Here are some interesting finds on UI/UX of the week!
Popups. A detailed exercise on popups from the Nielsen Norman Group. This article defines the variety of popups, their application, and what scenarios to avoid in terms of its application. It’s an article with a comprehensive list of what to do with popups, but the conclusion coincides with what has been amply acknowledged in the UX practice: use popups sparingly since they are more of an intrusion, as opposed to a solution for the users product experience. Highlight of the article includes:
“Regardless of the variation used, never show a popup before users can glean value from your website or application. This trend is highly intrusive because the users’ task is interrupted before they even land on the page. People have grown accustomed to seeing premature popups on websites and usually ignore them or immediately look for the fastest means by which to close the popup to return to their task. Popups that appear before the page loads make the site look desperate and the user experience feel frantic. Additionally, sites who fail to recognize these facts risk low rankings in search-engine results as Google penalizes sites that use practices which make content less accessible to users, especially on mobile.”
Dark Patterns. A fantastic article hailing from Princeton, who looked at Dark Interactive Patterns observed primarily on shopping websites. The article lists these dark patterns under categories such as Sneaking, Urgency, Misdirection, Scarcity, Forced Action, to name but a few. This is particularly enlightening, as good Design has at its core, Honesty, as one of its main principles. The article has a lot of documented examples, from products such as Samsung.com, JustFab.com, and the list goes on. Highlight of the article includes:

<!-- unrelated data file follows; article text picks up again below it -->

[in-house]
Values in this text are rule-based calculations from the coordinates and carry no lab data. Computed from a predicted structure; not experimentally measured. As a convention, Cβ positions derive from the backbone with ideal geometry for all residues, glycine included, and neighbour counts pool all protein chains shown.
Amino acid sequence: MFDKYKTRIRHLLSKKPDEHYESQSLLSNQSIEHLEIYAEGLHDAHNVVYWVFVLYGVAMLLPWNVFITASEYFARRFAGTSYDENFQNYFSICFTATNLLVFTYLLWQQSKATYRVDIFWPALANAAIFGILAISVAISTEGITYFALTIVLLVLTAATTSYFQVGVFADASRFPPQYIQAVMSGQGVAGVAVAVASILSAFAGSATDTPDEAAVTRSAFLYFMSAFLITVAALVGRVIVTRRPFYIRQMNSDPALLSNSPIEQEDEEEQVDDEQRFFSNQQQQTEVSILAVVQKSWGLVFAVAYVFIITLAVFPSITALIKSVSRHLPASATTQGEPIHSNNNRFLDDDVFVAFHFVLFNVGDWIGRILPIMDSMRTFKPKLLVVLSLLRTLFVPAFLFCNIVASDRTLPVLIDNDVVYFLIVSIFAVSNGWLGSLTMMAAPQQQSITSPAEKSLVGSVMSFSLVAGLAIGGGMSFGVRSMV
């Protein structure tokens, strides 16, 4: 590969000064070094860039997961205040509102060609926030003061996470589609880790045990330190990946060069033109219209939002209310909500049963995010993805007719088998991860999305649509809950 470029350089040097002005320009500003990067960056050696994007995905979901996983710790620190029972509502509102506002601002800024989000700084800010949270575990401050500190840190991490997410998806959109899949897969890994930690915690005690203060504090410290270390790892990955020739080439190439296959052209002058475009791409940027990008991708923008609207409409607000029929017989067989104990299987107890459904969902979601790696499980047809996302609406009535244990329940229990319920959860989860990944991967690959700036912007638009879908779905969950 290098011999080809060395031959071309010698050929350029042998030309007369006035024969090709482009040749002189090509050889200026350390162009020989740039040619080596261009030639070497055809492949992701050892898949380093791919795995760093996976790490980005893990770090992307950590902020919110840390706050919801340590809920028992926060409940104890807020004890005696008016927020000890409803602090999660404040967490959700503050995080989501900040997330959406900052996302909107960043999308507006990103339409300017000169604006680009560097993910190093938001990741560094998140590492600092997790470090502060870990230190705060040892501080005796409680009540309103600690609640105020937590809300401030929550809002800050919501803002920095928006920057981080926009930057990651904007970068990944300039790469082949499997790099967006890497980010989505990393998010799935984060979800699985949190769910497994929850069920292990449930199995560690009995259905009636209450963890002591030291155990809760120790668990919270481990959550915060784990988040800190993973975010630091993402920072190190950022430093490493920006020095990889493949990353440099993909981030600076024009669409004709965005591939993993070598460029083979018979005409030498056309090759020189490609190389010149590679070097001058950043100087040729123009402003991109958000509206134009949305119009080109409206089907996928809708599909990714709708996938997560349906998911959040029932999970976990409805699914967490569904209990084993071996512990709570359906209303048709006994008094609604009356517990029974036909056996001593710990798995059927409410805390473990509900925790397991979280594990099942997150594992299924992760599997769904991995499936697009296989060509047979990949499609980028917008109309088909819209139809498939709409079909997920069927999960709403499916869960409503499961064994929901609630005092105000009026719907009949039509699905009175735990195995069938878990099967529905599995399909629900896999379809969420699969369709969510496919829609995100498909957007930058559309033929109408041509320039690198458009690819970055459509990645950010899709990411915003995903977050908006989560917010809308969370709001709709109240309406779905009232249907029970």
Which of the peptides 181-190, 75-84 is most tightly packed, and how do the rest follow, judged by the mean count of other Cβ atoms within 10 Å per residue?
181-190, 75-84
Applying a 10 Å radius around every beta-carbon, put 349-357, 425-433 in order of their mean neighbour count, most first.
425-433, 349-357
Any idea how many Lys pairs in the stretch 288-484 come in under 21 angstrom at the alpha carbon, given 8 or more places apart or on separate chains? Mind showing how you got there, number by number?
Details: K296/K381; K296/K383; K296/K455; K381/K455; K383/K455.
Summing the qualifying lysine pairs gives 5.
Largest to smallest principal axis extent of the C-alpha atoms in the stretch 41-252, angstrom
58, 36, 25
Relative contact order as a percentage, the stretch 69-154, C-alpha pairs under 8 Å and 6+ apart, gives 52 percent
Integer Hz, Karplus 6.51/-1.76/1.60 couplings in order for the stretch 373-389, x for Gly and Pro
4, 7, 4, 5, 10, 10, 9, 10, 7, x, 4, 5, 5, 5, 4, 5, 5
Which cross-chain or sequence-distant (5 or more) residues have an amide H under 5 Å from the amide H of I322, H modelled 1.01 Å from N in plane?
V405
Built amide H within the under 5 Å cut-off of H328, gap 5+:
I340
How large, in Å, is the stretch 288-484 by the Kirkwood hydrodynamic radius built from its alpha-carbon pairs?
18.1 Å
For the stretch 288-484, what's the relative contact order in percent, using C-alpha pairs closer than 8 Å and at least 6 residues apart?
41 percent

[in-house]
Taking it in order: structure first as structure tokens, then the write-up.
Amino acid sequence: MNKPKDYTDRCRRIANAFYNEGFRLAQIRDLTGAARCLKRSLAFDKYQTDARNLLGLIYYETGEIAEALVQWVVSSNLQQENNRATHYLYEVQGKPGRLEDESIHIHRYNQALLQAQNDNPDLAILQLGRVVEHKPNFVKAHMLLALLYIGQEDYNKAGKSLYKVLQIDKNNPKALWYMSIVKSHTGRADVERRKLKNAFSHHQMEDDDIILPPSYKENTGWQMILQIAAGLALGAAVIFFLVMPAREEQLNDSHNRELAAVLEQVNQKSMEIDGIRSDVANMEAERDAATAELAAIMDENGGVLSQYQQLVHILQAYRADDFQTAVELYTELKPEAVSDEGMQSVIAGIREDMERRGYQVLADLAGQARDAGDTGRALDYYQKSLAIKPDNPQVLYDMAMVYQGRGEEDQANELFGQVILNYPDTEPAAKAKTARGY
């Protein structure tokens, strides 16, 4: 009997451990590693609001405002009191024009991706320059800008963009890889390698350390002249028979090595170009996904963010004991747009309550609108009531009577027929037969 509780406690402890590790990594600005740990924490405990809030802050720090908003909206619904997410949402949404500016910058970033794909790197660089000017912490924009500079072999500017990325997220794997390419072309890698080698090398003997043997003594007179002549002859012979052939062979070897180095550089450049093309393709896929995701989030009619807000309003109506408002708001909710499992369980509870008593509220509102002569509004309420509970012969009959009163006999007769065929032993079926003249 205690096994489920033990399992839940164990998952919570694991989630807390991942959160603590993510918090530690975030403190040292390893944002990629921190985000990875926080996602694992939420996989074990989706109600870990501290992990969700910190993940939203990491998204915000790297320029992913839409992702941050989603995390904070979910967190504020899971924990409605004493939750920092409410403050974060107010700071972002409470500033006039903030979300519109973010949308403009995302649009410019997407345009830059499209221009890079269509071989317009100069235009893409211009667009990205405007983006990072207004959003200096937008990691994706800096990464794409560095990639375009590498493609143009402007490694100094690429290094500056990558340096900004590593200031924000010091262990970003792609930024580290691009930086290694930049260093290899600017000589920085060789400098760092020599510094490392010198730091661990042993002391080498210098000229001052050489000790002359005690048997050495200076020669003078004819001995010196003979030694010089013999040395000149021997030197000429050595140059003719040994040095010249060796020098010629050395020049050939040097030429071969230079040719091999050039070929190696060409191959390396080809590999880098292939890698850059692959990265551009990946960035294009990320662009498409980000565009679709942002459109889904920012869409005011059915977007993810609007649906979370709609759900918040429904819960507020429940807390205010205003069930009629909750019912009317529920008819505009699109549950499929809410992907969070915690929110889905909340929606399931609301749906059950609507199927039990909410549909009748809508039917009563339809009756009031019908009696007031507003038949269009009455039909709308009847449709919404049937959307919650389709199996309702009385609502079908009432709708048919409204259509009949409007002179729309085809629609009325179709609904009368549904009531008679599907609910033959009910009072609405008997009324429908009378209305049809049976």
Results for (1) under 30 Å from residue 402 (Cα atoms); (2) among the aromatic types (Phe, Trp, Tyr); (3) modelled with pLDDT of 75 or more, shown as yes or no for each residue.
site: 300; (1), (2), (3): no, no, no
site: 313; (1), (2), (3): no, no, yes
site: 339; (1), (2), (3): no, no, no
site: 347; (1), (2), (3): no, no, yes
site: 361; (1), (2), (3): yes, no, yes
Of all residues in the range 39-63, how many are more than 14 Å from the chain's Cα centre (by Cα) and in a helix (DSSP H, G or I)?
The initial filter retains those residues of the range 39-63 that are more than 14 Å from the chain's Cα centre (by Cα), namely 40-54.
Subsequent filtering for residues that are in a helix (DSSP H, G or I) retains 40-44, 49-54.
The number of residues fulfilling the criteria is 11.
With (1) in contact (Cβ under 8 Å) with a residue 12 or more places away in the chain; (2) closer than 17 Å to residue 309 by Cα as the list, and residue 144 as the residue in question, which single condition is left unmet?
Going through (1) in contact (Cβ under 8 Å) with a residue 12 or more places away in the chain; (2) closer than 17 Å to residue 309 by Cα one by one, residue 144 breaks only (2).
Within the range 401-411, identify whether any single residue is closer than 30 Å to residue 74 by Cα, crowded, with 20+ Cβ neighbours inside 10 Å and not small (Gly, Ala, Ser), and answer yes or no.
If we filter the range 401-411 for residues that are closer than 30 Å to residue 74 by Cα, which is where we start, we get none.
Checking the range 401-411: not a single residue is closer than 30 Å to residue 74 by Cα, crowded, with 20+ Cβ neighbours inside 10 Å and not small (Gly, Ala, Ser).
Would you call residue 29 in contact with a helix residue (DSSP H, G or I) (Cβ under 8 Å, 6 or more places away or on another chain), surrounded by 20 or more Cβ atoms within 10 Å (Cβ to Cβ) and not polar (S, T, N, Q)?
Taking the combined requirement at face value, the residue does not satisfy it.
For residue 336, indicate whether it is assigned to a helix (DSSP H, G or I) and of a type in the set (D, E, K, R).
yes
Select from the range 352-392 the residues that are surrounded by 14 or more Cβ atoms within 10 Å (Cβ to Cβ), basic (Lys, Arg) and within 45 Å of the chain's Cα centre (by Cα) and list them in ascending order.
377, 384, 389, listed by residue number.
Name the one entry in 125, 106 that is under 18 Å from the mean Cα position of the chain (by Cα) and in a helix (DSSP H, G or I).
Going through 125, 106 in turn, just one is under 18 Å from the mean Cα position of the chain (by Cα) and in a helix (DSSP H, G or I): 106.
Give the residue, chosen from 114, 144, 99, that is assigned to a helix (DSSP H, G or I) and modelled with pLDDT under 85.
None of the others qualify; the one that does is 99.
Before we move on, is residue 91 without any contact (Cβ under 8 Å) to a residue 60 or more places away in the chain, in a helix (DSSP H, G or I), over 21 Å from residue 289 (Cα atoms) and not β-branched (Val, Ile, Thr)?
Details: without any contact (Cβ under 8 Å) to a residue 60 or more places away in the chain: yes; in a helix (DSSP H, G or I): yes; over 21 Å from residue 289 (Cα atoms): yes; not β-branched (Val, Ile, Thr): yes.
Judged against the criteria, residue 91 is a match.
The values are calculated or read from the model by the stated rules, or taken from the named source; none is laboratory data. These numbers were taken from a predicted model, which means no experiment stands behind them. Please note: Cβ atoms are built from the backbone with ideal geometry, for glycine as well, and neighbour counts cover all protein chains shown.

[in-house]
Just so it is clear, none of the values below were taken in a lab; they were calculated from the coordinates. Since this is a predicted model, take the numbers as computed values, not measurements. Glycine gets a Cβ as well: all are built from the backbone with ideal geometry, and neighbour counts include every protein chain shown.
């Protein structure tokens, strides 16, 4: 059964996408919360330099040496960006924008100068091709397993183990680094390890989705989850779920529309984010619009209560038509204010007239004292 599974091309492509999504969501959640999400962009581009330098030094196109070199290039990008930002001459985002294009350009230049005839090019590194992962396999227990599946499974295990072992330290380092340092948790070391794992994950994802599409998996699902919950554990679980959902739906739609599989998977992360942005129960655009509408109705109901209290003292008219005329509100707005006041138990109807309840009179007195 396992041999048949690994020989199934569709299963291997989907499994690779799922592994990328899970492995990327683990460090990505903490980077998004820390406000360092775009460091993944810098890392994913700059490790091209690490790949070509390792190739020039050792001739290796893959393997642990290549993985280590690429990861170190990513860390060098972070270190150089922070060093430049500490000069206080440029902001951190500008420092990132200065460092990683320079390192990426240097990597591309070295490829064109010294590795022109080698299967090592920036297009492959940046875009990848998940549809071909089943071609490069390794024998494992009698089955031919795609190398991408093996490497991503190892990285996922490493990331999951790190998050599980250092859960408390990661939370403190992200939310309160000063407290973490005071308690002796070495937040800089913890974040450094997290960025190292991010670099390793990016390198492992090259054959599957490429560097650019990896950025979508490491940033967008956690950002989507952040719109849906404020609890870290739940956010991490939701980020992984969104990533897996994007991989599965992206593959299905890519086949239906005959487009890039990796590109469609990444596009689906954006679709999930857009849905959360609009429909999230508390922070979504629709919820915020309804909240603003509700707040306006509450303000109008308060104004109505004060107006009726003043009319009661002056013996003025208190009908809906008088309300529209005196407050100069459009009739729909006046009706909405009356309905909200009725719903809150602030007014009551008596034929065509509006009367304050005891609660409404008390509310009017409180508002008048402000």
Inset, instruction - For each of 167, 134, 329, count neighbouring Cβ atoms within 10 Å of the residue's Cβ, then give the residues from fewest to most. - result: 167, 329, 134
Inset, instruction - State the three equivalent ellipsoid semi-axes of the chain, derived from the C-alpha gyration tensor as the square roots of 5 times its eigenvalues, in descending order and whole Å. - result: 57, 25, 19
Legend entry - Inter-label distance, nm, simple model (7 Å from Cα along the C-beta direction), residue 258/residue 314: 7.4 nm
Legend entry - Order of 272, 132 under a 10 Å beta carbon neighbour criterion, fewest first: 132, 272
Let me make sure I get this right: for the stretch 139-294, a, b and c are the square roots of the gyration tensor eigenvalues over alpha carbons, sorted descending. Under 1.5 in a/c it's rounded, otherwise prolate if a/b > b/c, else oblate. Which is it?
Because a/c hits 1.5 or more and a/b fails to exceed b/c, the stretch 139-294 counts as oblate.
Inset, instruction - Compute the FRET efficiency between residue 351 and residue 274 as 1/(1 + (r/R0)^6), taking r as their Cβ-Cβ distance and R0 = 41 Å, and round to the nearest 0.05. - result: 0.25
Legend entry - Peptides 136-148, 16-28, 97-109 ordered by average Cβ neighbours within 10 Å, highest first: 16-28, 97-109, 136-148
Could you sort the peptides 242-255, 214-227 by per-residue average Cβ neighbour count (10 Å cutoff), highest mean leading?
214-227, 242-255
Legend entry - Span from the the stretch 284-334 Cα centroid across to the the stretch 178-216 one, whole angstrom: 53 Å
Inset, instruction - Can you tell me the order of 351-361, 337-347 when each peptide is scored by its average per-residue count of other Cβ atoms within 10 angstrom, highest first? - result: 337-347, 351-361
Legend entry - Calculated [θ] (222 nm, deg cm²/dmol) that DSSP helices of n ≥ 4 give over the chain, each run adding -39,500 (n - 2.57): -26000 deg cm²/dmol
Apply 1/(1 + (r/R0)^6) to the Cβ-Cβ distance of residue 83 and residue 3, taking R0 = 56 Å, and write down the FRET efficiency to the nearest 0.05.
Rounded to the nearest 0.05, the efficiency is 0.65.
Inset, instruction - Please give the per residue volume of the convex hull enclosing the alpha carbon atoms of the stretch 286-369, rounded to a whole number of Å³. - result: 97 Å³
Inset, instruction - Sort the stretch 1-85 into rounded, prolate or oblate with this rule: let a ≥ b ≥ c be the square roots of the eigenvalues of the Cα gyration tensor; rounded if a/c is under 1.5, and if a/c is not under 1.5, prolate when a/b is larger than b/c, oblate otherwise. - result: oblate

“These 1,818 dark patterns were present on 1,254 of the ∼11K shopping websites (∼11.1%) in our data set. Shopping websites that were more popular, according to Alexa rankings, were more likely to feature dark patterns. We demonstrate which of the dark patterns that we discovered rely on consumer deception. In total, we uncovered 234 instances of deceptive dark patterns across 183 websites.”
Social Media and Mobile Web Design. Another interesting article from Suzanne Scacca, this time focused on social media integration with mobile web design. It’s an article well worth a read, primarily because it advocates for solutions who intent is of course, to gather effective responses from users/consumers. This response is gathered by enhancing the credibility, security and ultimately, reliability of the products, using techniques such as Trust Marks, Impactful Imagery, understanding and embracing some trends, among many others she details thoroughly with interesting examples. Highlight of the article includes:
“Trust marks are already used on the web to let visitors know when a site is safe enough to engage with and make a purchase through. However, they usually come in the form of big security provider logos like Norton Security that build consumer trust just before checkout.Instead, you should find ways to leverage smaller trust marks to reinforce trust throughout the entire experience.”